Because this is a Call To Action. The Occupy movement, and the widespread discontent and disempowerment it embodies, have met the First Response: get out of the park, take a bath, get a job … get lost. We don’t know what will come next. America remains a rather closely divided, if dangerously polarized, nation and, yes, there is a lot of Prozac, actual and rhetorical, in circulation. Meanwhile, American elections are ceasing to function as the vehicle for “get[ting] rid of the worst without bloodshed.” In the rigged game of American elections, it now often requires a 60% or greater supermajority to actually win an election against a candidate or proposition favored by the “1%.” And, because computerized rigging knows no theoretical bounds, it can get a lot worse, the thumb on the scale morphing as needed into a ham fist and, ultimately, an elephant—whatever it takes to stay in power. And every rigged election brings us one block closer to the Bastille, to a stark choice between retreat and revolution, an obscenely uneven playing field with no democratic alternative, no political means of redress and recovery.
If our democracy is to be saved from generations of oppression on the one hand or bloody revolution on the other, an end must come to rigged elections. The only way that is going to happen is by replacing our secret and corrupted computerized vote counting with publicly observable human vote counting—all across America. “But,” election officials in thrall to the speed and convenience of the computers wail, “we don’t have the peoplepower to do this.” Oh yes we do. They are out there in the cold in parks and public spaces in cities and towns all across this country. They are also in their homes and offices, inspired by the Occupiers, beginning to recognize that there is something terribly wrong with the picture and wondering what they too can do.
I recognize that the Occupiers have focused much of their energy on the challenge of creating a “real” democracy. And I understand the temptation to turn away from our larger “democracy” that is seen to be so damaged and corrupted. But I believe that, if the Occupiers can seize this moment and channel their growing power and their new insights, it is not too late to restore our democracy to health and vitality. Whatever other agenda or demands the Occupiers may ultimately embrace; they could begin now to focus their power on elections, the primary means our democracy has provided for its own defense. It is time to OCCUPY ELECTIONS, to storm not the Bastille but county and town clerks’ offices all across America with signed commitments to work as vote counters and observers on Election Day, beginning this winter with the primaries. And then to actually OCCUPY THE ELECTIONS by assembling at polling places to relieve the computers from duty, to take their place, replacing secret cyber-counting by partisan programmers with open, observable counting by citizens. It doesn’t get much more democratic than that!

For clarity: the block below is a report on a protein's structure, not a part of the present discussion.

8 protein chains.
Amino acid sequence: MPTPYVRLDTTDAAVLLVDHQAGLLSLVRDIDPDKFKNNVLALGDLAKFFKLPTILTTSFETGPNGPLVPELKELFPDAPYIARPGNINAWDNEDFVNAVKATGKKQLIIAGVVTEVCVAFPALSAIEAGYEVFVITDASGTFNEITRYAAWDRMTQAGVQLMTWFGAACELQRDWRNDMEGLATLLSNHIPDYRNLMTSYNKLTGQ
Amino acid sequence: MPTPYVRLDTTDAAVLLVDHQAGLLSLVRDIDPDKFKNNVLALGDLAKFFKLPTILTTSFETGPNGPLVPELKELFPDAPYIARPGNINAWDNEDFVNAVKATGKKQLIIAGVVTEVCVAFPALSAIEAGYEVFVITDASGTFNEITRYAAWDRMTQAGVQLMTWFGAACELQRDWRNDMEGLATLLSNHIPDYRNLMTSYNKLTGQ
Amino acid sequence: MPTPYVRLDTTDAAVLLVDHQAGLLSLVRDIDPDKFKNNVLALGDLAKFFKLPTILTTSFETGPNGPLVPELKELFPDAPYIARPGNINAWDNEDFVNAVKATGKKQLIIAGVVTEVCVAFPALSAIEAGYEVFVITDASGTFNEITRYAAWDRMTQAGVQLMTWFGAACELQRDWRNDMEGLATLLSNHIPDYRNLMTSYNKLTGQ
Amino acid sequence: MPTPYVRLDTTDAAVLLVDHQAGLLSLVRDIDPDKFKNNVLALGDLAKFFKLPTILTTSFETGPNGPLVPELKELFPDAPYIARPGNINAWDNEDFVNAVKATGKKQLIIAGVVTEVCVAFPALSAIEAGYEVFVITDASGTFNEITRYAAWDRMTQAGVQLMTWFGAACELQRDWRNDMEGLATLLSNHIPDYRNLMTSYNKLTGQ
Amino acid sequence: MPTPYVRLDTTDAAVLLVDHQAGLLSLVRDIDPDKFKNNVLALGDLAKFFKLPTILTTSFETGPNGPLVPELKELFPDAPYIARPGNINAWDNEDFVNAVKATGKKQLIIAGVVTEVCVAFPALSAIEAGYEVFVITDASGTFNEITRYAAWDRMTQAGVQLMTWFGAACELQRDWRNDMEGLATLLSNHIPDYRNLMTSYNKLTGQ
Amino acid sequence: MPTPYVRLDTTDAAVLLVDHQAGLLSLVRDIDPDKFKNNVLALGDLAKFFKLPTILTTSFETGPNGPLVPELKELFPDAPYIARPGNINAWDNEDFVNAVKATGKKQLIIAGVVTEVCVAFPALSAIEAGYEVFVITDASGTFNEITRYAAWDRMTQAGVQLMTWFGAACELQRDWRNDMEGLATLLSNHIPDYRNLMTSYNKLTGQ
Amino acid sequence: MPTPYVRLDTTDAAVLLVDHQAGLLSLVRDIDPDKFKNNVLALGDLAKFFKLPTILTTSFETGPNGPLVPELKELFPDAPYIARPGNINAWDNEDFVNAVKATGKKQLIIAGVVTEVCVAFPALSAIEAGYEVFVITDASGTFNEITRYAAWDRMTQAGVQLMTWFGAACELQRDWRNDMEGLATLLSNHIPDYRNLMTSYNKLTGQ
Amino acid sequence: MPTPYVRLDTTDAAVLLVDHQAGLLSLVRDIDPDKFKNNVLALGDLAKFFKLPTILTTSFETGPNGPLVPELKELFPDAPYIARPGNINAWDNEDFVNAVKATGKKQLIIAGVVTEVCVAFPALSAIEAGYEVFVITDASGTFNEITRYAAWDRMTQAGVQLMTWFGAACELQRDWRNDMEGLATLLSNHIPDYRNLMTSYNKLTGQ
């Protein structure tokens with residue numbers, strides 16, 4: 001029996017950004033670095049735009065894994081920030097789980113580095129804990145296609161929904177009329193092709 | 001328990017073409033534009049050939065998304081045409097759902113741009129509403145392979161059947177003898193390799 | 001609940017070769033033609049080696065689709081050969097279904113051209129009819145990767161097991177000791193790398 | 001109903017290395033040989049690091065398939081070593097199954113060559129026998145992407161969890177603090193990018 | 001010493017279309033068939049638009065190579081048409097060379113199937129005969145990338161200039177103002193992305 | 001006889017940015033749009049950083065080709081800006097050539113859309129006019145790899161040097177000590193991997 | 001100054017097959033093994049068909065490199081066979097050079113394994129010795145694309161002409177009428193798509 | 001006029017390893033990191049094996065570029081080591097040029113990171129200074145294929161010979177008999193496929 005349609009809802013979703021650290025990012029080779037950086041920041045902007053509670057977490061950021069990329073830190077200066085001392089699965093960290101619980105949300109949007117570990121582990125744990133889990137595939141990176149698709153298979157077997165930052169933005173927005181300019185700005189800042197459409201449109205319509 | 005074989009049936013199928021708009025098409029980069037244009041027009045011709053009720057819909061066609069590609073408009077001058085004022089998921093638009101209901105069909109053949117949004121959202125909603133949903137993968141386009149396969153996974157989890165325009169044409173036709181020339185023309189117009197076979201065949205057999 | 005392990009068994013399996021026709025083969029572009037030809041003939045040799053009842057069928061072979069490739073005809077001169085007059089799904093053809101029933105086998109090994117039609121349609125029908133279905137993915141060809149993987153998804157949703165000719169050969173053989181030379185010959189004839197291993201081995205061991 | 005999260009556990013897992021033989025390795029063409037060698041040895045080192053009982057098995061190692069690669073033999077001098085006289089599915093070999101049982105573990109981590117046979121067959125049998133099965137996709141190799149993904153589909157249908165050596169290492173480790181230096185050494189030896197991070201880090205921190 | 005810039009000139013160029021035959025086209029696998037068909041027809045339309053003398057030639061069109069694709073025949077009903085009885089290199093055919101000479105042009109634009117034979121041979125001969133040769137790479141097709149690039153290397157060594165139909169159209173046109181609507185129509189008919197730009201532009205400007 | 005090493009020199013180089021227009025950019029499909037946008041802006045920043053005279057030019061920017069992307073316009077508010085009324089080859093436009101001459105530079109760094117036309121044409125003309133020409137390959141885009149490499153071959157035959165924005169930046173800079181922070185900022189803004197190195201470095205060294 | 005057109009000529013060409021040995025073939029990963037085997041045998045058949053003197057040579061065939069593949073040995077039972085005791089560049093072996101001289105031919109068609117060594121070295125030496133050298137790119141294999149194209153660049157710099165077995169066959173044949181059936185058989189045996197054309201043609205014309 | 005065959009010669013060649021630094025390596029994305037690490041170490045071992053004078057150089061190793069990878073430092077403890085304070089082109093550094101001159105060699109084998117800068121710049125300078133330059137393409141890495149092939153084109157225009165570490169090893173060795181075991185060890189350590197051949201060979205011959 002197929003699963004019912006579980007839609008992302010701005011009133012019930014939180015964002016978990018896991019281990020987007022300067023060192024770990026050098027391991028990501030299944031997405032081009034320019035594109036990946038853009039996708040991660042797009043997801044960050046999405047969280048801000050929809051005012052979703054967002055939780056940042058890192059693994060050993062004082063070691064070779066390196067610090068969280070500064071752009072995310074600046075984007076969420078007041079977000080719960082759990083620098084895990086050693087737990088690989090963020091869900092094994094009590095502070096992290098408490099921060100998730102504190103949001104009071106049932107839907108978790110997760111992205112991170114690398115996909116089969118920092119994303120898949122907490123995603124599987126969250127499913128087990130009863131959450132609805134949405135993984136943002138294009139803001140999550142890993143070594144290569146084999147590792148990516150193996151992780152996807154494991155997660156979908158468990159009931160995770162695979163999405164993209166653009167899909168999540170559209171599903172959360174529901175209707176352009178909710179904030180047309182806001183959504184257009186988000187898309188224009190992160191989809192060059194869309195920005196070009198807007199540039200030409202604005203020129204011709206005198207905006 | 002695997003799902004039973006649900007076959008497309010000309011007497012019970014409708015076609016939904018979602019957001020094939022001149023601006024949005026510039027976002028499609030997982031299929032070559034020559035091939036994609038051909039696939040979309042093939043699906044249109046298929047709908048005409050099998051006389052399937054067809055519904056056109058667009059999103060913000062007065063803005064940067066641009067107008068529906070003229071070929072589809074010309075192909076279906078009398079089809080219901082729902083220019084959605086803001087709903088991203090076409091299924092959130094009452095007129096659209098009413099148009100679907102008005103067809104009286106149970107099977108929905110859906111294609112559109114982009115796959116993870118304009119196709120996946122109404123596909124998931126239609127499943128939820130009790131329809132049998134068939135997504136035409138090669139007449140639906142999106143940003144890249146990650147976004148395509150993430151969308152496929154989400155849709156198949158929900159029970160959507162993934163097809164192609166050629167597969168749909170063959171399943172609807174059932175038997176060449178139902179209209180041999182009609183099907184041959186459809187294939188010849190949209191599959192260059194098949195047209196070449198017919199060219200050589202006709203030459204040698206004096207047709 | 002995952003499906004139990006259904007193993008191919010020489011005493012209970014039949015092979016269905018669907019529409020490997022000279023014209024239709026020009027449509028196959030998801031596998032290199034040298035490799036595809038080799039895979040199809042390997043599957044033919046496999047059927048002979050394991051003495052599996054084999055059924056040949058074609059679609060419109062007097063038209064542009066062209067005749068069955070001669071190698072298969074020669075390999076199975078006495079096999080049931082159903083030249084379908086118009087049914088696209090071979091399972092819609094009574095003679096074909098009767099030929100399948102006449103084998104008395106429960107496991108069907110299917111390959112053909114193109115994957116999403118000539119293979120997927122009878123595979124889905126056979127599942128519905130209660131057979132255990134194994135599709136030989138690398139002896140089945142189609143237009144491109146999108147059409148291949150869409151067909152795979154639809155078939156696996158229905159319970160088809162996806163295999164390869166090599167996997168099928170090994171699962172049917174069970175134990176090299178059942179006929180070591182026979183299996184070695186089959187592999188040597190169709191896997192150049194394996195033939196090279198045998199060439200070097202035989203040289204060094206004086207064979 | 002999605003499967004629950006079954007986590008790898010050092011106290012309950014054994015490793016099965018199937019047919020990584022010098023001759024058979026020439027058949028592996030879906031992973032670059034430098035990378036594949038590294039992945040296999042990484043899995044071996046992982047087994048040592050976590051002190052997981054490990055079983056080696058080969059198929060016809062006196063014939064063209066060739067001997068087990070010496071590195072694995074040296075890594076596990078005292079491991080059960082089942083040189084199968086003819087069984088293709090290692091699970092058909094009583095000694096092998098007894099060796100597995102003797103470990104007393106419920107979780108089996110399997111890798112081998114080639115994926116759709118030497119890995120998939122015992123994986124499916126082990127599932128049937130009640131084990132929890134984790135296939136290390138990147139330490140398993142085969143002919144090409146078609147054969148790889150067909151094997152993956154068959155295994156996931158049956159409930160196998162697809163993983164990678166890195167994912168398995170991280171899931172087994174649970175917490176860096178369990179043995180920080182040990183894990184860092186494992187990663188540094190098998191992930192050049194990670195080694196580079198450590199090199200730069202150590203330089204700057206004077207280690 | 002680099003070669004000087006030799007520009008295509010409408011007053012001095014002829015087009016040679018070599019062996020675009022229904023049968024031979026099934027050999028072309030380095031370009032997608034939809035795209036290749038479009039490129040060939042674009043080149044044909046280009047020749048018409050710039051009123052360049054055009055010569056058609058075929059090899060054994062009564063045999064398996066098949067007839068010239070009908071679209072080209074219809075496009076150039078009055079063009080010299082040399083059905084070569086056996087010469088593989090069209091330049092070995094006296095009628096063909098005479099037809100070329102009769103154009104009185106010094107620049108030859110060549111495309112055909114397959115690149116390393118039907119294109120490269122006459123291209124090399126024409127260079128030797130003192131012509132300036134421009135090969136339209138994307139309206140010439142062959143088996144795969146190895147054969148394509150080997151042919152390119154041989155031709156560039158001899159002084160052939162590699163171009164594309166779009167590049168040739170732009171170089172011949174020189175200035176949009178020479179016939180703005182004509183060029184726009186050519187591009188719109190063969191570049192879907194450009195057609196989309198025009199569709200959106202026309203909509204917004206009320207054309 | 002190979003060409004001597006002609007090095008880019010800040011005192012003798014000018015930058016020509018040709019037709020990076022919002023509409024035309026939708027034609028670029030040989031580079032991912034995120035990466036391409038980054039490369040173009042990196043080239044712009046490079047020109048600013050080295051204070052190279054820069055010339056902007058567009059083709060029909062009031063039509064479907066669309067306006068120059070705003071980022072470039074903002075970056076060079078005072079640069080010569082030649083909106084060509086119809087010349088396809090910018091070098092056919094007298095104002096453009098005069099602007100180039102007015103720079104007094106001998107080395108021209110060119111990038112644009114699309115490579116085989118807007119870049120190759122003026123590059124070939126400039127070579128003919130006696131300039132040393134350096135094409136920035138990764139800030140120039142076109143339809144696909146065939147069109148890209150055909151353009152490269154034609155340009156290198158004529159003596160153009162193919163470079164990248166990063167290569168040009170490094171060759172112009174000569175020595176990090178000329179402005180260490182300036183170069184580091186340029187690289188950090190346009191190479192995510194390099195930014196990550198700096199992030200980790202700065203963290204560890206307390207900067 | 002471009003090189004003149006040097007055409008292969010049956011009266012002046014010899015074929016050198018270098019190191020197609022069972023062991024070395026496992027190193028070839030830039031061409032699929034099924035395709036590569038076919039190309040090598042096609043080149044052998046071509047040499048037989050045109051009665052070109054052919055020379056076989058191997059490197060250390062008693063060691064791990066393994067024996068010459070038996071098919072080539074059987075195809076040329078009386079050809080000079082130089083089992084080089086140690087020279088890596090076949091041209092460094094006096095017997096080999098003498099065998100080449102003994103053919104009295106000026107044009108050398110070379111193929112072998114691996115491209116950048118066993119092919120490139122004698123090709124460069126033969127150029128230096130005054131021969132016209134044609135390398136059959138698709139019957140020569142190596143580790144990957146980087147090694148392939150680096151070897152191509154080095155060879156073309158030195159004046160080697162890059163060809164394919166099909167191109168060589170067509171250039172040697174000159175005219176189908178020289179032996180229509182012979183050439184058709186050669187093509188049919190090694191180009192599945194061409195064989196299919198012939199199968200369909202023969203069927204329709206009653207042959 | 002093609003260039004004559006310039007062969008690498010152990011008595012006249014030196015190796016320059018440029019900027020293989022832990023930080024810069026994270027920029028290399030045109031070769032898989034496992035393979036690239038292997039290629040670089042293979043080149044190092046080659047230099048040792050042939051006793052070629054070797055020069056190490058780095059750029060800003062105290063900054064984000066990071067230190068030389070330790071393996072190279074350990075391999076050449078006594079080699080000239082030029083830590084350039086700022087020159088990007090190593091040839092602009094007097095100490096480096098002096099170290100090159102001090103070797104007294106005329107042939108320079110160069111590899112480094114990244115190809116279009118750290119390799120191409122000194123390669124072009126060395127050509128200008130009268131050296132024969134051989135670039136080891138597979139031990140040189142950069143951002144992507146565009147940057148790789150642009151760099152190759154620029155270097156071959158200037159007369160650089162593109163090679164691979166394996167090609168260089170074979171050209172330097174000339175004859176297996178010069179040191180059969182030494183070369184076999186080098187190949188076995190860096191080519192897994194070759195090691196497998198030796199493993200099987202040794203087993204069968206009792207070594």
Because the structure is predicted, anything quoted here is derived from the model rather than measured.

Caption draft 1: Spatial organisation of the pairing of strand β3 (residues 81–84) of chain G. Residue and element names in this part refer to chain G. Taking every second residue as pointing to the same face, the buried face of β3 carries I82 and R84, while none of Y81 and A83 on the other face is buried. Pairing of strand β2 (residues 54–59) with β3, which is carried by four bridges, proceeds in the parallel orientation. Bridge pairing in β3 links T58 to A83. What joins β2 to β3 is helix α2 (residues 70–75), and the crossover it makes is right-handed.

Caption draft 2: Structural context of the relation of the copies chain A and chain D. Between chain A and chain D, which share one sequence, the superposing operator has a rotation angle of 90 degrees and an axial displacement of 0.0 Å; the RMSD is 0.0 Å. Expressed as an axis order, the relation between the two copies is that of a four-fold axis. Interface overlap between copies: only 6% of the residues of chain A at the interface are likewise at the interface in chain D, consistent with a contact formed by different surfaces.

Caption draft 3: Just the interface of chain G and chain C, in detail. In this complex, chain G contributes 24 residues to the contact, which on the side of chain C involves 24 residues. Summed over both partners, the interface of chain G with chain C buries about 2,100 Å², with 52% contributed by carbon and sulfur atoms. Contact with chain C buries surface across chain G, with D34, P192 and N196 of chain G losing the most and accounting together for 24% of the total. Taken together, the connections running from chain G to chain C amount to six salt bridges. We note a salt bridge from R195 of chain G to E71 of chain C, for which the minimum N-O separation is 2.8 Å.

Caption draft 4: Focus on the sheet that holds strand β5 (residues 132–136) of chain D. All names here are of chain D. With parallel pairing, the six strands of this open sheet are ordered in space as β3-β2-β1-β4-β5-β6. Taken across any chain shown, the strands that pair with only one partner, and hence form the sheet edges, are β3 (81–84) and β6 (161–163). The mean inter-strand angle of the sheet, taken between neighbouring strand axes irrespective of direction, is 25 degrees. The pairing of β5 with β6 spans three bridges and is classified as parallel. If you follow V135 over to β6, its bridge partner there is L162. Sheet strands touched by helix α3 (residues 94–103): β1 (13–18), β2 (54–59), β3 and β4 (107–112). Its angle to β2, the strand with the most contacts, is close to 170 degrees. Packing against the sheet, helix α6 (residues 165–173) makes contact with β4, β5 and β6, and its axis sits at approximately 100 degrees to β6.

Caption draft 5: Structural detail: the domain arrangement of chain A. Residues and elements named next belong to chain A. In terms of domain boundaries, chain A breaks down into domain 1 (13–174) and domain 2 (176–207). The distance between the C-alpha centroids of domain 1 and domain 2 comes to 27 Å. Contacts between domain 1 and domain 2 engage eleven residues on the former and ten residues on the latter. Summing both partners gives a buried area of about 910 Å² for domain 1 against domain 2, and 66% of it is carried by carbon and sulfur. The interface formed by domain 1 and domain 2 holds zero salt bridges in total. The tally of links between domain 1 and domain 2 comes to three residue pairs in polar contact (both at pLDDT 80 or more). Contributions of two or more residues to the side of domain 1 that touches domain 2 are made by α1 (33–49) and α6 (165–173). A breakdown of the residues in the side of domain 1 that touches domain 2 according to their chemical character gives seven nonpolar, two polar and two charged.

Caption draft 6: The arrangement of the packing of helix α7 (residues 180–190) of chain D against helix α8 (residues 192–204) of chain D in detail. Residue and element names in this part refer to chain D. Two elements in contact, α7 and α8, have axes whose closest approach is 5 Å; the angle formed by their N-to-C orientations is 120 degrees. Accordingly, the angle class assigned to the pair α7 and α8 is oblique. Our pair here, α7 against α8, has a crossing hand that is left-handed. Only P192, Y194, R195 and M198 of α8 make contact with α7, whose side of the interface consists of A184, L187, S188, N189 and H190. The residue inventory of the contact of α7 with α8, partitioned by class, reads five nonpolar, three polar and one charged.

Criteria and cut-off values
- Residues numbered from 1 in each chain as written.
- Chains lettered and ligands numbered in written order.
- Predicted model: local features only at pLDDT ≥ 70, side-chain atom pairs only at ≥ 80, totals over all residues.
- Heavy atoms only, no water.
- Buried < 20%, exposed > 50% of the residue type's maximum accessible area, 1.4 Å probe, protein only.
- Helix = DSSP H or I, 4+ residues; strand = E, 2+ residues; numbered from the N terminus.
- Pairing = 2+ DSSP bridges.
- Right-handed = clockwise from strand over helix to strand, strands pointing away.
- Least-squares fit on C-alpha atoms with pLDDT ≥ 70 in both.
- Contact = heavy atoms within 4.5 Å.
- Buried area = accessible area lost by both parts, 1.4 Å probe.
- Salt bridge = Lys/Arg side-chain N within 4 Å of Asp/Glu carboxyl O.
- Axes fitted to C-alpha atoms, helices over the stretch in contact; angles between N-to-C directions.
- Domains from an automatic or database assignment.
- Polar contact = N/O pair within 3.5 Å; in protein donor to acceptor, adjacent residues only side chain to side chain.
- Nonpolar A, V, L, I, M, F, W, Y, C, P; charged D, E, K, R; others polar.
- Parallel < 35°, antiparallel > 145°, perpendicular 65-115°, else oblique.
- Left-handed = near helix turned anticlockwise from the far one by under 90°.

The Occupiers could become a national militia for democracy, resolved to count the ballots—all the ballots—in the open, in public. And also rouse their fellow citizens to join them in this fundamental duty to democracy, fatally forgotten in this age of convenience-uber-alles. Yes there would still be Citizens United and lots of work to do, but even gobs of corporate cash would soon run out of steam when it comes to buying votes and thwarting the public will. To add a bit to Lincoln, “You can’t fool all of the people all of the time … but election rigging can make it look like you did.” Years of data-gathering and analysis tell us that America—fooled, fooled again, snookered, cheated, stolen—would awake from its nightmare and be a very different and a whole lot fairer nation if honest elections were restored.
This could be the moment of truth. It is definitely a moment of choice, a moment of focus. If it passes, all that’s left may be the Bastille and the agony that follows.